Visiting your physician for common ailments like back pain, poison ivy or cold and flu symptoms no longer requires a trip to the doctor’s office.
Now, Pitt faculty and staff who have UPMC Health Plan coverage can take advantage of UPMC AnywhereCare to receive diagnoses and treatment plans — including prescriptions sent directly to their pharmacy of choice.
Intended for those experiencing nonemergency symptoms, UPMC AnywhereCare enables patients to have face-to-face conversations with UPMC health care providers via live video on a computer or mobile app. Providers are certified registered nurse practitioners, physician assistants and physicians, all specially trained to handle patients’ AnywhereCare requests.
UPMC Health Plan members can expect to pay for their virtual visits about as much as they would to see their primary care physicians and less than they would for a visit to urgent care facilities.
Users can access UPMC AnywhereCare at any time and from anywhere in the U.S.; a separate provider group, Online Care Group, will provide services to users outside Pennsylvania. The app can be also be used for treatment of children age 3 or older; parents and legal guardians should check the terms and conditions for more information.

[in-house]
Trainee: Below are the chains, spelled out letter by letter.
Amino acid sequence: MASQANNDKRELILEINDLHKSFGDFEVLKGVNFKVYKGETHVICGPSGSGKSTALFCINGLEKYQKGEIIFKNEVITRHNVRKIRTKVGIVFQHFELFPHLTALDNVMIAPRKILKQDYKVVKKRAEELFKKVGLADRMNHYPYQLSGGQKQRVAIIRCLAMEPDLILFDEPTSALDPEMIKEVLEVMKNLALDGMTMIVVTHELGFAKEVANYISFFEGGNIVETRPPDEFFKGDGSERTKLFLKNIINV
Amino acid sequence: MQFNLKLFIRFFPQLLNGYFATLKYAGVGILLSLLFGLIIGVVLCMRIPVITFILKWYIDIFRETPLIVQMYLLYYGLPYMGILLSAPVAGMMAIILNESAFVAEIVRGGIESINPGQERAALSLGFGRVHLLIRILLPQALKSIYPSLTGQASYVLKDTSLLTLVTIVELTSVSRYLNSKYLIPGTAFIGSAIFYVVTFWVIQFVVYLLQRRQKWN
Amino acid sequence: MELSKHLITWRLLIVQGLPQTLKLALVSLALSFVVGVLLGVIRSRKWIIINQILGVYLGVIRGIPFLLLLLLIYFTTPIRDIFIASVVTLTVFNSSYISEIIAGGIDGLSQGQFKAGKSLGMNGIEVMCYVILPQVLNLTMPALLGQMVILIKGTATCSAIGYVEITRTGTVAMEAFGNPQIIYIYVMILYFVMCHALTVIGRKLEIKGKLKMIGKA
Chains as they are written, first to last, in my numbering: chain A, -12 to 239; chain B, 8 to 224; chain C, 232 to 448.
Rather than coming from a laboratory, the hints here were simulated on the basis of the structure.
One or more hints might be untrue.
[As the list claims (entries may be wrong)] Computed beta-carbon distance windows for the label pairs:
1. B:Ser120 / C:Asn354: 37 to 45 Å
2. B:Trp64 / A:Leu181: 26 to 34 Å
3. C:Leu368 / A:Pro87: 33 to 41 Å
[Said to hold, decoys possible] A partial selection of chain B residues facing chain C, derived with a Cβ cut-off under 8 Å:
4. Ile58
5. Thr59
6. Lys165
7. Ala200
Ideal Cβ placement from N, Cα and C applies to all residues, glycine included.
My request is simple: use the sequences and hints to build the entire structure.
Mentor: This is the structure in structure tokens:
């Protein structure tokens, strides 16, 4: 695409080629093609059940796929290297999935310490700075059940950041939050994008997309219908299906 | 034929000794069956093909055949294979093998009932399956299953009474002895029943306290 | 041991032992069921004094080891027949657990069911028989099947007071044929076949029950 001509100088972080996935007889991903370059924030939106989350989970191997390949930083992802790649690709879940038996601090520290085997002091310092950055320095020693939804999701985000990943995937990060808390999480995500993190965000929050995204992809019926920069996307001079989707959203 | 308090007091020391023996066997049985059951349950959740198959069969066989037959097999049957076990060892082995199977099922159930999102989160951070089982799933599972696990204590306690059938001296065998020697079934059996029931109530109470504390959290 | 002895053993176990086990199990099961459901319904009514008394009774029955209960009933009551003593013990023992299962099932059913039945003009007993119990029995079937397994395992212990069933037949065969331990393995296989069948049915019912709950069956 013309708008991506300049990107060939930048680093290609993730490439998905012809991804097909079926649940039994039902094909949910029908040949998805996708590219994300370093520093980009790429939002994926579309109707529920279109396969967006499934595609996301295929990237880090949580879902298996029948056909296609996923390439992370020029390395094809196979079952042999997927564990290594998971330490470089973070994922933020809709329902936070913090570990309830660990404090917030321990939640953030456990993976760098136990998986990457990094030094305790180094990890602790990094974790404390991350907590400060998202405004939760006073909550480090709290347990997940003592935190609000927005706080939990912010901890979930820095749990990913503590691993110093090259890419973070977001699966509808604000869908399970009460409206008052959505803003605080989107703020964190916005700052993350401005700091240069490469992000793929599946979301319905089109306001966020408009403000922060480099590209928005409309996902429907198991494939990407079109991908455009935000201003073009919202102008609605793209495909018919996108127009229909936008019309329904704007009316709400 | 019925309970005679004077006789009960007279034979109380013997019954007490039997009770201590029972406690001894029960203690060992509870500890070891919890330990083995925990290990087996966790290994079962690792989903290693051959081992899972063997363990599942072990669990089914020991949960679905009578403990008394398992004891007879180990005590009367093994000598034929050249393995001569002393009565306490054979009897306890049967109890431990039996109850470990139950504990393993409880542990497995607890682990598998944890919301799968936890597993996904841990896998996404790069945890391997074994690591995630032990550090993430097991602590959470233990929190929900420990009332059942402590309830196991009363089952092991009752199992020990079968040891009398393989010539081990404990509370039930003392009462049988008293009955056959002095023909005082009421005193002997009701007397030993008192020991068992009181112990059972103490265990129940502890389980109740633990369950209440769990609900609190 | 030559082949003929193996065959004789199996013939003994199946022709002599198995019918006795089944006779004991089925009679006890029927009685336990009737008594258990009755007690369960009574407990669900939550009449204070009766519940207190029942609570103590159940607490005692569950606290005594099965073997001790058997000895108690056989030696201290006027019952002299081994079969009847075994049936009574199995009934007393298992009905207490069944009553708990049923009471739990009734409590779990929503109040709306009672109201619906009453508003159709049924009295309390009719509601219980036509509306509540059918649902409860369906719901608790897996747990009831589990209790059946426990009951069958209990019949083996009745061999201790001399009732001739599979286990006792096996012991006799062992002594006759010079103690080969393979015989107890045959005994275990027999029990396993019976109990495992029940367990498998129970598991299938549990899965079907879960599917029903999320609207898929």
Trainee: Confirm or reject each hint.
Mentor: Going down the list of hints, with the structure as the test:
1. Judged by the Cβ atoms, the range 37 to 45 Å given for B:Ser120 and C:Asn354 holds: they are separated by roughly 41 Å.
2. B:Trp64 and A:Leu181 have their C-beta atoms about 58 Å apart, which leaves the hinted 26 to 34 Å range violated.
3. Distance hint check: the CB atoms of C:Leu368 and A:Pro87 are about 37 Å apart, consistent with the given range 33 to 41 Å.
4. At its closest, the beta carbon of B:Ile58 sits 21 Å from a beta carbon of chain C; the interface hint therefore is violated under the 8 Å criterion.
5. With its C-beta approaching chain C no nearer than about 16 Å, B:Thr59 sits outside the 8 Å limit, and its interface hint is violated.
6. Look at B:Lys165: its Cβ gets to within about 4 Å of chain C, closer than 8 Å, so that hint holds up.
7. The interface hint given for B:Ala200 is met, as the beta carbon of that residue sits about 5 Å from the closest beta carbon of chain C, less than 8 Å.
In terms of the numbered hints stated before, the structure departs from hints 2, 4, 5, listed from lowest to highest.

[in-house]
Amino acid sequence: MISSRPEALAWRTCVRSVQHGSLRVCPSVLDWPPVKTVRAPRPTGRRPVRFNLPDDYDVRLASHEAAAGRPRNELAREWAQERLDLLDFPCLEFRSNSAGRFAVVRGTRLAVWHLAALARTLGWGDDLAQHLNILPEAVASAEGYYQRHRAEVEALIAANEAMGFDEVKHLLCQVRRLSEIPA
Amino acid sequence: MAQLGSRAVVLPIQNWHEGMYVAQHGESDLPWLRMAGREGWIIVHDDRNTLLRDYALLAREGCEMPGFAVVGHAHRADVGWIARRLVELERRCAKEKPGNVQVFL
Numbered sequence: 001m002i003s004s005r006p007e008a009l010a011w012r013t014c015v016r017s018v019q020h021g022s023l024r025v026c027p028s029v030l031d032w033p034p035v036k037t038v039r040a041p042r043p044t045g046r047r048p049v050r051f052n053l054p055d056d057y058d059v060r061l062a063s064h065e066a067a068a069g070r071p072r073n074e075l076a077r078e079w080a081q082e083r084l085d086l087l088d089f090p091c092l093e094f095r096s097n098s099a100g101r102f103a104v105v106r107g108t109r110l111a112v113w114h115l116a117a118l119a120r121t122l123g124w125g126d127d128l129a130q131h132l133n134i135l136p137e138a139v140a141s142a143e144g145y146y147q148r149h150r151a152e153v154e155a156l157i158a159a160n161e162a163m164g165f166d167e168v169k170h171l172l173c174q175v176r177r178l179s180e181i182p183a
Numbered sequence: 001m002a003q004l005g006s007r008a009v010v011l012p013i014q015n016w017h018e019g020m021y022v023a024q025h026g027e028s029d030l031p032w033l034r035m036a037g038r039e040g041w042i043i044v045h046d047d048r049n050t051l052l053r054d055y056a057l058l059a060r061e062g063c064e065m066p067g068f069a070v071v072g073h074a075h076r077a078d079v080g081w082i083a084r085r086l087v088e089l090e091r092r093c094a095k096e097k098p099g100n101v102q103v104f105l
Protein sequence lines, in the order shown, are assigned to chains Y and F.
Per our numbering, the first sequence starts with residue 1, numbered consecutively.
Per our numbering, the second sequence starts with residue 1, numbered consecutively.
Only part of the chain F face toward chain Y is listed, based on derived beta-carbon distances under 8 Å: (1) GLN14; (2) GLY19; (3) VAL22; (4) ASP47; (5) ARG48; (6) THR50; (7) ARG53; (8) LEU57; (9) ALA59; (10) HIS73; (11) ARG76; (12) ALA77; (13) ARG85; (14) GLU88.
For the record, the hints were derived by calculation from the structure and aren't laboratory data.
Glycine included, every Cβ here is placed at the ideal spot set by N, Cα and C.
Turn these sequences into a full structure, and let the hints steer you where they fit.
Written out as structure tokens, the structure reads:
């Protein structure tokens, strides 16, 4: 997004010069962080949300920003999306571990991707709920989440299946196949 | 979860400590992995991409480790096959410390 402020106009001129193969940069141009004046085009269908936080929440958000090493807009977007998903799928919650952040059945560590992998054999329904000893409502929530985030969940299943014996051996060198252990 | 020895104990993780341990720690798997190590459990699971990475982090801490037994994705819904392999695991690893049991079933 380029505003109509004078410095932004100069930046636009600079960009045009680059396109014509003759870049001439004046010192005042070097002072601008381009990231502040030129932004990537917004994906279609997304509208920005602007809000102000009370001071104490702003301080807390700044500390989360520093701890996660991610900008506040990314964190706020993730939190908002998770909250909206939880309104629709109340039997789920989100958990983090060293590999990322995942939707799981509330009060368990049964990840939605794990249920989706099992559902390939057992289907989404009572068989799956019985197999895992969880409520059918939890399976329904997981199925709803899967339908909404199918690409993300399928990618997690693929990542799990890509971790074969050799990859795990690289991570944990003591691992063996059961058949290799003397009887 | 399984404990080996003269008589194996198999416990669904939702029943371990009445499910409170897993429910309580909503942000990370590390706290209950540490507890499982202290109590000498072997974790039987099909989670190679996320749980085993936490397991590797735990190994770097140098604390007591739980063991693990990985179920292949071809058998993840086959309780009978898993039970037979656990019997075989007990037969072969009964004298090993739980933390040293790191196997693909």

Available for iOS and Android devices, the app can be downloaded from the Apple App Store and Google Play, respectively, by searching for “UPMC AnywhereCare.” Users must create an account to use the service, and can register online at UPMCAnywhereCare.com.
As an option for wellness and treatment, UPMC AnywhereCare joins the UPMC MyHealth@Work Center, an onsite center where faculty and staff can receive treatment for a variety of health issues. Services provided include wellness screenings and support for chronic conditions, and are offered at no cost to Pitt faculty and staff, regardless of insurance coverage.
McCann, who assists in overseeing the University’s wellness efforts — a key component of faculty and staff benefits, highlighted the convenience of both virtual and drop-in services. “Sometimes people can’t make the time, so we want to encourage them to think about how they use healthcare delivery systems,” she said.